Mitt Romney’s campaign seemed to flip-flop last week on whether he supports an amendment to the U.S. Constitution banning same-sex marriage, but the convoluted clarification demonstrated that his positions on the issue are purely political and as insensitive as ever.
After last week’s debate, campaign senior adviser Bay Buchanan told The Advocate that Romney opposes marriage equality, but that “it’s a state issue” and that Romney “would not get in the way of what states decide to do on marriage and adoption.” As Buzzfeed pointed out, this seemed very much to conflict with the candidate’s pledge to pass a federal marriage amendment and institute a three-tier system, allowing married same-sex couples to stay married, but not new couples to get married. Buchanan clarified on Saturday that Romney does still support such an amendment:
BUCHANAN: Governor Romney supports a federal marriage amendment to the Constitution that defines marriage as an institution between a man and a woman. Governor Romney also believes, consistent with the 10th Amendment, that it should be left to states to decide whether to grant same-sex couples certain benefits, such as hospital visitation rights and the ability to adopt children. I referred to the Tenth Amendment only when speaking about these kinds of benefits — not marriage.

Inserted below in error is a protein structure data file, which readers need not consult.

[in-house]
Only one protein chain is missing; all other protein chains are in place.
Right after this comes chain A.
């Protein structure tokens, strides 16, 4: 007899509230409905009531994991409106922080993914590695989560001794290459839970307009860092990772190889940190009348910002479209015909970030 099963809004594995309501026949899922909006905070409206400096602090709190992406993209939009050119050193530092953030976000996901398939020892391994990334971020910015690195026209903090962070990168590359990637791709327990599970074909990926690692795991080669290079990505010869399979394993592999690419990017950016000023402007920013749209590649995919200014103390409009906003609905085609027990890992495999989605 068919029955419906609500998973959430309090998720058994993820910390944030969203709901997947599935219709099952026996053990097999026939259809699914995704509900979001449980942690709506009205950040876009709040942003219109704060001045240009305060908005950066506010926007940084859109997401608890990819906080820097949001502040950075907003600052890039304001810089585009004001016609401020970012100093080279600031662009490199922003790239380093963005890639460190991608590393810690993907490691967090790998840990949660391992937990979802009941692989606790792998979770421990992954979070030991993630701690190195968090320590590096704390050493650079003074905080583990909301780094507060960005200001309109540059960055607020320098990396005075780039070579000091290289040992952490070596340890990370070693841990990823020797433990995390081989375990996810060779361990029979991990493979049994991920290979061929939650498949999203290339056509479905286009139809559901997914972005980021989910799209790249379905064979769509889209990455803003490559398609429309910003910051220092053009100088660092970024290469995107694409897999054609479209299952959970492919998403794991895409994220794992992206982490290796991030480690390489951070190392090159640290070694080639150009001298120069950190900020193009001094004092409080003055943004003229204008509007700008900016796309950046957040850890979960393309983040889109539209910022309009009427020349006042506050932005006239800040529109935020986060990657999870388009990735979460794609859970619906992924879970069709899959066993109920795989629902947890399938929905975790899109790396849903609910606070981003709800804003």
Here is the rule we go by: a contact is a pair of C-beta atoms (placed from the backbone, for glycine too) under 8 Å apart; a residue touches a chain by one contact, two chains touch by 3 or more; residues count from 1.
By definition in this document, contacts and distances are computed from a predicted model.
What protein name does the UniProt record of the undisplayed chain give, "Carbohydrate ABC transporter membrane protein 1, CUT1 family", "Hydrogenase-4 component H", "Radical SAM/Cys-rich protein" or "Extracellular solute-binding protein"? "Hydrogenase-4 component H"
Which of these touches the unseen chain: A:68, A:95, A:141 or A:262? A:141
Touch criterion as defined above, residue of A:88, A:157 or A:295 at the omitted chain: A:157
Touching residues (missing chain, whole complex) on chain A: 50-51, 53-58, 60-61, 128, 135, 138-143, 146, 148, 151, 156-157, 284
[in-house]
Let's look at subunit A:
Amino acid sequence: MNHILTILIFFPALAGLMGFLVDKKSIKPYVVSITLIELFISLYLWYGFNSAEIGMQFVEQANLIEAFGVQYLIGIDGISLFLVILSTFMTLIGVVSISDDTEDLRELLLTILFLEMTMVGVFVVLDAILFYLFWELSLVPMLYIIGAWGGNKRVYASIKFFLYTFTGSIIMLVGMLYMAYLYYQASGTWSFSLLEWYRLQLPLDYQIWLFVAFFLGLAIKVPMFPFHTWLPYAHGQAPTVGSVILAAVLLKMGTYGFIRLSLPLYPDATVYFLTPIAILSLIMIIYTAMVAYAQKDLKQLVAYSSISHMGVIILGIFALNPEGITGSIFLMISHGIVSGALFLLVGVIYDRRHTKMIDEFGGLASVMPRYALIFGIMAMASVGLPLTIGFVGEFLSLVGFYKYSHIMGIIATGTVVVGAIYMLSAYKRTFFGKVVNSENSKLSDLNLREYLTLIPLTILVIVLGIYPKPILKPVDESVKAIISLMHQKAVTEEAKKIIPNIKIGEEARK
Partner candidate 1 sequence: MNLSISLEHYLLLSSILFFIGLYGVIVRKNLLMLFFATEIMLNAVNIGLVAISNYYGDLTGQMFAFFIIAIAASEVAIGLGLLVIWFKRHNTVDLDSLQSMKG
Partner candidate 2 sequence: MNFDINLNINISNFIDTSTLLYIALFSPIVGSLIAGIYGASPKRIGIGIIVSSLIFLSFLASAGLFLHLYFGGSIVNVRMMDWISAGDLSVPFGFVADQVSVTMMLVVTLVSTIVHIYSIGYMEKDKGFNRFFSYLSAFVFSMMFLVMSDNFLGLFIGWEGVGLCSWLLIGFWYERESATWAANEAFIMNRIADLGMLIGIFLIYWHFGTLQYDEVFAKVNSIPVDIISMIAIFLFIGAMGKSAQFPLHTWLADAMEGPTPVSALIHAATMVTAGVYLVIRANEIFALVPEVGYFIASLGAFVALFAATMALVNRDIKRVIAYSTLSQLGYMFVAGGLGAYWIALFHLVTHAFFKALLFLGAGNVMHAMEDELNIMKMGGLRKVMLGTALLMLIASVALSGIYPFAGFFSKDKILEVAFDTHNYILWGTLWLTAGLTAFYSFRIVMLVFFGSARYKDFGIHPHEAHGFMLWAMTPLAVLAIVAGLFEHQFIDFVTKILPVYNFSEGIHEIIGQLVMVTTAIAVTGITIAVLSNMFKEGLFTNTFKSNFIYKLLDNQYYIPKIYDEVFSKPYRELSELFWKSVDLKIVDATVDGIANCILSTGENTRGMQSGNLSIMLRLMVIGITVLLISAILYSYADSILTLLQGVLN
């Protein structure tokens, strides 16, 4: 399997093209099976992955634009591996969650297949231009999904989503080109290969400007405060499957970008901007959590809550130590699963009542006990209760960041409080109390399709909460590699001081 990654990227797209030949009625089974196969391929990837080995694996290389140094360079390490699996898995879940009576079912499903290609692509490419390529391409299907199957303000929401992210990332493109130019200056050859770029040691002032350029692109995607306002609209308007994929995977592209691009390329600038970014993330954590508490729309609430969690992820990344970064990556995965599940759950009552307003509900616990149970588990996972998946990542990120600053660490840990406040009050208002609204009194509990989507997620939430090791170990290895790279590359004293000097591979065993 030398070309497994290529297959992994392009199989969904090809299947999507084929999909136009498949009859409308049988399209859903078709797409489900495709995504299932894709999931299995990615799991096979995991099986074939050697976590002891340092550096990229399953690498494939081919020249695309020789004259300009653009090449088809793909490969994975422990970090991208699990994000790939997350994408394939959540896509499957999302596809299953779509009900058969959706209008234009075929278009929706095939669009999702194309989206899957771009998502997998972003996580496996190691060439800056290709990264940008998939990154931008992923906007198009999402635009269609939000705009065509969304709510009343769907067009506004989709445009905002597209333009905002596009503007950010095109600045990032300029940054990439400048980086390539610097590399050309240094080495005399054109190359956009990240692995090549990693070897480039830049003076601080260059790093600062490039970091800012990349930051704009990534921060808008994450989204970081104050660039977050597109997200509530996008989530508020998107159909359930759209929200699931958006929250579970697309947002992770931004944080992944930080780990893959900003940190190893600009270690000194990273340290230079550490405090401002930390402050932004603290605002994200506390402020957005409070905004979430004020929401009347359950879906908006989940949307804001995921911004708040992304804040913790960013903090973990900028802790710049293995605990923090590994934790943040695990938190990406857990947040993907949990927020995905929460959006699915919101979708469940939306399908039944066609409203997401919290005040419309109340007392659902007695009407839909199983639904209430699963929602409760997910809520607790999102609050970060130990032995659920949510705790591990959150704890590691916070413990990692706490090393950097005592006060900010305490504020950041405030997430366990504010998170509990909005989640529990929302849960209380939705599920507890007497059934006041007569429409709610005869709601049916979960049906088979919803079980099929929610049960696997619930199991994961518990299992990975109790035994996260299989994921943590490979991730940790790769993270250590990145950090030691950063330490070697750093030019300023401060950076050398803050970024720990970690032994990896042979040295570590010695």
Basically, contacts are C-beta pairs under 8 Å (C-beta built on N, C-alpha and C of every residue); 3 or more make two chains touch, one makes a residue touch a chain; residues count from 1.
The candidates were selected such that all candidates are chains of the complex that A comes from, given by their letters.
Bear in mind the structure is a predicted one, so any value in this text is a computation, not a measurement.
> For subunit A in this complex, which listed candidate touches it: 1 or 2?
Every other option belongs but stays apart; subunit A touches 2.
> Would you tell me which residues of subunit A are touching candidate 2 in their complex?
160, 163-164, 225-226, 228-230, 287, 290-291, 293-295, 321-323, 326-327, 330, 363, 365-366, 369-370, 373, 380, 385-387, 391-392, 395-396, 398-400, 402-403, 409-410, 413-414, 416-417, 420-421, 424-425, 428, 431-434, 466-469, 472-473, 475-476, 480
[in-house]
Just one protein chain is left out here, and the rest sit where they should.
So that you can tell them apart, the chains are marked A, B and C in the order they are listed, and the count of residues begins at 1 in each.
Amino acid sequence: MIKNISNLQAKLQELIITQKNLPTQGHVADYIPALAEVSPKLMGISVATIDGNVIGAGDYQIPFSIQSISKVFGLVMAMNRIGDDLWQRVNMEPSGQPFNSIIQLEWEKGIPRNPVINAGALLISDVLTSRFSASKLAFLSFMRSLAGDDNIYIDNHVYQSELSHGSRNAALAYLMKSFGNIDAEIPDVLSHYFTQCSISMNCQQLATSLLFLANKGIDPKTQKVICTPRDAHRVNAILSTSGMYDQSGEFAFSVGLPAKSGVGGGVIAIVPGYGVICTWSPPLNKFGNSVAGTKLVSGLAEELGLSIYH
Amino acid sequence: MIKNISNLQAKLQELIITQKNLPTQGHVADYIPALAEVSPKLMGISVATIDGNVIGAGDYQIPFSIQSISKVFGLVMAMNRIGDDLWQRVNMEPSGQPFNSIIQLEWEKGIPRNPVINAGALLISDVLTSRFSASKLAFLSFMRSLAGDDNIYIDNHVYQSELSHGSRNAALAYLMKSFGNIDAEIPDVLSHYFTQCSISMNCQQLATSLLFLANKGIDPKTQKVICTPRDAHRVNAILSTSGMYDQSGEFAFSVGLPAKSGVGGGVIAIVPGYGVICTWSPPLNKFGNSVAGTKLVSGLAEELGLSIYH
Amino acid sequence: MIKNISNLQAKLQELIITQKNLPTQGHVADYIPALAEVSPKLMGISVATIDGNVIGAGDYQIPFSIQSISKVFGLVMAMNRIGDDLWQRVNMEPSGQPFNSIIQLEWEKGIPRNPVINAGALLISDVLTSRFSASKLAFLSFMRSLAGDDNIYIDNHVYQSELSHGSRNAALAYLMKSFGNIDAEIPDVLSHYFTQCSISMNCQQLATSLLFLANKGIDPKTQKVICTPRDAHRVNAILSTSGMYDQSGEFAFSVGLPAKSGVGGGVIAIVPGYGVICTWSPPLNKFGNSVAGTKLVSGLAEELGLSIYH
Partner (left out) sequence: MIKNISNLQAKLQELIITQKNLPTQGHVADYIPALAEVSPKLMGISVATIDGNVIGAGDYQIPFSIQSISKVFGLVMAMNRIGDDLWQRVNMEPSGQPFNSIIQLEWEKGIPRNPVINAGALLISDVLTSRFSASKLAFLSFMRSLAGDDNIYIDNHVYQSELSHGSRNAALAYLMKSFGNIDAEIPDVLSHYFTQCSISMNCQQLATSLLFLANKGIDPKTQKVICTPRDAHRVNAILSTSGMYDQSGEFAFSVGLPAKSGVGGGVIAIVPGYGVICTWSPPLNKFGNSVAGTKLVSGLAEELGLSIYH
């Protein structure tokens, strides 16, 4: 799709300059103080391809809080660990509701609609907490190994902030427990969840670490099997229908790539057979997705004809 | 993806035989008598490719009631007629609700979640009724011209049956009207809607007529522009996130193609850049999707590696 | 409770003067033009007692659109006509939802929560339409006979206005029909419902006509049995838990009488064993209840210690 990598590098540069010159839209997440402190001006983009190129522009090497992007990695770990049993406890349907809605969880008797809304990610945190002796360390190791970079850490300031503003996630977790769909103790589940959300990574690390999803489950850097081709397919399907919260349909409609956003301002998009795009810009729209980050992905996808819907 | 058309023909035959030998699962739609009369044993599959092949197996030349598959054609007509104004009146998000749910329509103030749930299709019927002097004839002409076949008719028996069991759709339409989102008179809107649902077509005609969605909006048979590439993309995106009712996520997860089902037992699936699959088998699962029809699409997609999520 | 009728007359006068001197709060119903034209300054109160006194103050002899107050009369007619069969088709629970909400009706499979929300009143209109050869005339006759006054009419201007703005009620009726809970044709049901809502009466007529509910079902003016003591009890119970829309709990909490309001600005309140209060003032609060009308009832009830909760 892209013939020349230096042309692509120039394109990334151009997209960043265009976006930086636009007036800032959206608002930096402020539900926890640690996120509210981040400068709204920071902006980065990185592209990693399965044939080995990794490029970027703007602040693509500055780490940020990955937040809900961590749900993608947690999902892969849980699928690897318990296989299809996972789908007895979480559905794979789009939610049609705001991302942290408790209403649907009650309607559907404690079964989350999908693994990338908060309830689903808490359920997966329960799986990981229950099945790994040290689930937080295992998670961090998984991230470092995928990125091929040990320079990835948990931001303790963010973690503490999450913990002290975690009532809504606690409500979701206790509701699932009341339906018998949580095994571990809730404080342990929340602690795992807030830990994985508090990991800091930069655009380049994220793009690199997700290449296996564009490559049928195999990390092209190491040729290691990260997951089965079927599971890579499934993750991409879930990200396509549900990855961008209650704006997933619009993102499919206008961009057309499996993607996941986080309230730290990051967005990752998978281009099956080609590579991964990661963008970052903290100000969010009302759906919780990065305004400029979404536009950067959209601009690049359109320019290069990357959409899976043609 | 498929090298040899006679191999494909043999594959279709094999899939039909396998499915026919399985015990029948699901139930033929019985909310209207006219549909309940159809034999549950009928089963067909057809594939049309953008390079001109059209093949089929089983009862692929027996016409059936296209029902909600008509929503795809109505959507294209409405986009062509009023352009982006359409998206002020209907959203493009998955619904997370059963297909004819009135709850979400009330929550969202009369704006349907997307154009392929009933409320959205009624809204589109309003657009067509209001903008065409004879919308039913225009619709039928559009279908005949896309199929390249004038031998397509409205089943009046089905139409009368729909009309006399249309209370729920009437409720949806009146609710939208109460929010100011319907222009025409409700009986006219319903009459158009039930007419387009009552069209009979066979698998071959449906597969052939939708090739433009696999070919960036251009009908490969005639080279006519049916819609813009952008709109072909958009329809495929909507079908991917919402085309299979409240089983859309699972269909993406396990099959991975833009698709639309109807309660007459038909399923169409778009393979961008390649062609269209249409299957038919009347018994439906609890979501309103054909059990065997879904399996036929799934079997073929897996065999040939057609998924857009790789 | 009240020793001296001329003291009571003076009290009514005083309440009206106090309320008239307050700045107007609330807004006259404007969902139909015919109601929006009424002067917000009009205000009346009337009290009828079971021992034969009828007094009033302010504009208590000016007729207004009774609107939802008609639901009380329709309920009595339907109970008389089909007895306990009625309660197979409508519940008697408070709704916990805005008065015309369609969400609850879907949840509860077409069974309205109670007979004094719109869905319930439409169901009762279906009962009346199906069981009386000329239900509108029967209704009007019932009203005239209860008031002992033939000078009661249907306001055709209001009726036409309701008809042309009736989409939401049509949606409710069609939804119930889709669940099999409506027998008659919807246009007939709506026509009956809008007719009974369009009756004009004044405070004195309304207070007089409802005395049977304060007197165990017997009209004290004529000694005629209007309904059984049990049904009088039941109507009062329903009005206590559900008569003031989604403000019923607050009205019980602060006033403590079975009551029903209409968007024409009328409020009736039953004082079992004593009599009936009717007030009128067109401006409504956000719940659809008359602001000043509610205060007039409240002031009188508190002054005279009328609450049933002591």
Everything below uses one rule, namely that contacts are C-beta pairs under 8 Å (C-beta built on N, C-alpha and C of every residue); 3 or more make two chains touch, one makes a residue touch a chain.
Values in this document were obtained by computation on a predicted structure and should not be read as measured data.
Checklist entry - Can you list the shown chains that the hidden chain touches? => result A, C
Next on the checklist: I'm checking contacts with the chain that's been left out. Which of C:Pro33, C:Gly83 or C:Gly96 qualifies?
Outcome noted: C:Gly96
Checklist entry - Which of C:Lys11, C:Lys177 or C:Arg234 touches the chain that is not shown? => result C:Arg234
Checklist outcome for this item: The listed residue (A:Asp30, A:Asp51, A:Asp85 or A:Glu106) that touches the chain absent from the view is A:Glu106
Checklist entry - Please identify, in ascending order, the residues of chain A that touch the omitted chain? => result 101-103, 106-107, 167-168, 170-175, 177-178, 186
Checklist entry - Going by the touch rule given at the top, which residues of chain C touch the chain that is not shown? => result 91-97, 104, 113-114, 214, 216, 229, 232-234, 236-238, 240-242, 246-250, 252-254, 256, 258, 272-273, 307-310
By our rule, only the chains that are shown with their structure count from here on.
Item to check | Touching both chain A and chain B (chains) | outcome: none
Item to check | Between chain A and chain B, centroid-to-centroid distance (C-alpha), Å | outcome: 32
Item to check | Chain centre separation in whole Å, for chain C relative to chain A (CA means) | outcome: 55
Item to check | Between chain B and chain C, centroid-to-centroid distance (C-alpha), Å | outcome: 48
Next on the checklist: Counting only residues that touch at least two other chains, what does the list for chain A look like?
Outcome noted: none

There is precedent for Romney’s support for hospital visitation, though his support for same-sex adoption is less consistent, particularly given his past comments that “children pay the price” of marriage equality. But as The New Civil Rights Movement and Talk About Equality have pointed out, there is something actually quite jarring about the fact that he considers hospital visitation a “benefit,” with no concern if states choose not to offer it. It’s quite unclear whether such a “benefit” would even be constitutional if Romney were successful in advancing a federal marriage amendment. Besides, states like New Jersey have shown that in the absence of the title of “marriage,” hospitals are quite reluctant to honor same-sex relationships regardless of what separate-but-equal substitute recognition is offered.
Entrusting a loved one to make crucial medical decisions and be by your side in emergencies should never be something up for states to decide. Romney clearly doesn’t have families in mind — he just wants to appeal to both conservatives and moderates by having no discernible position at all.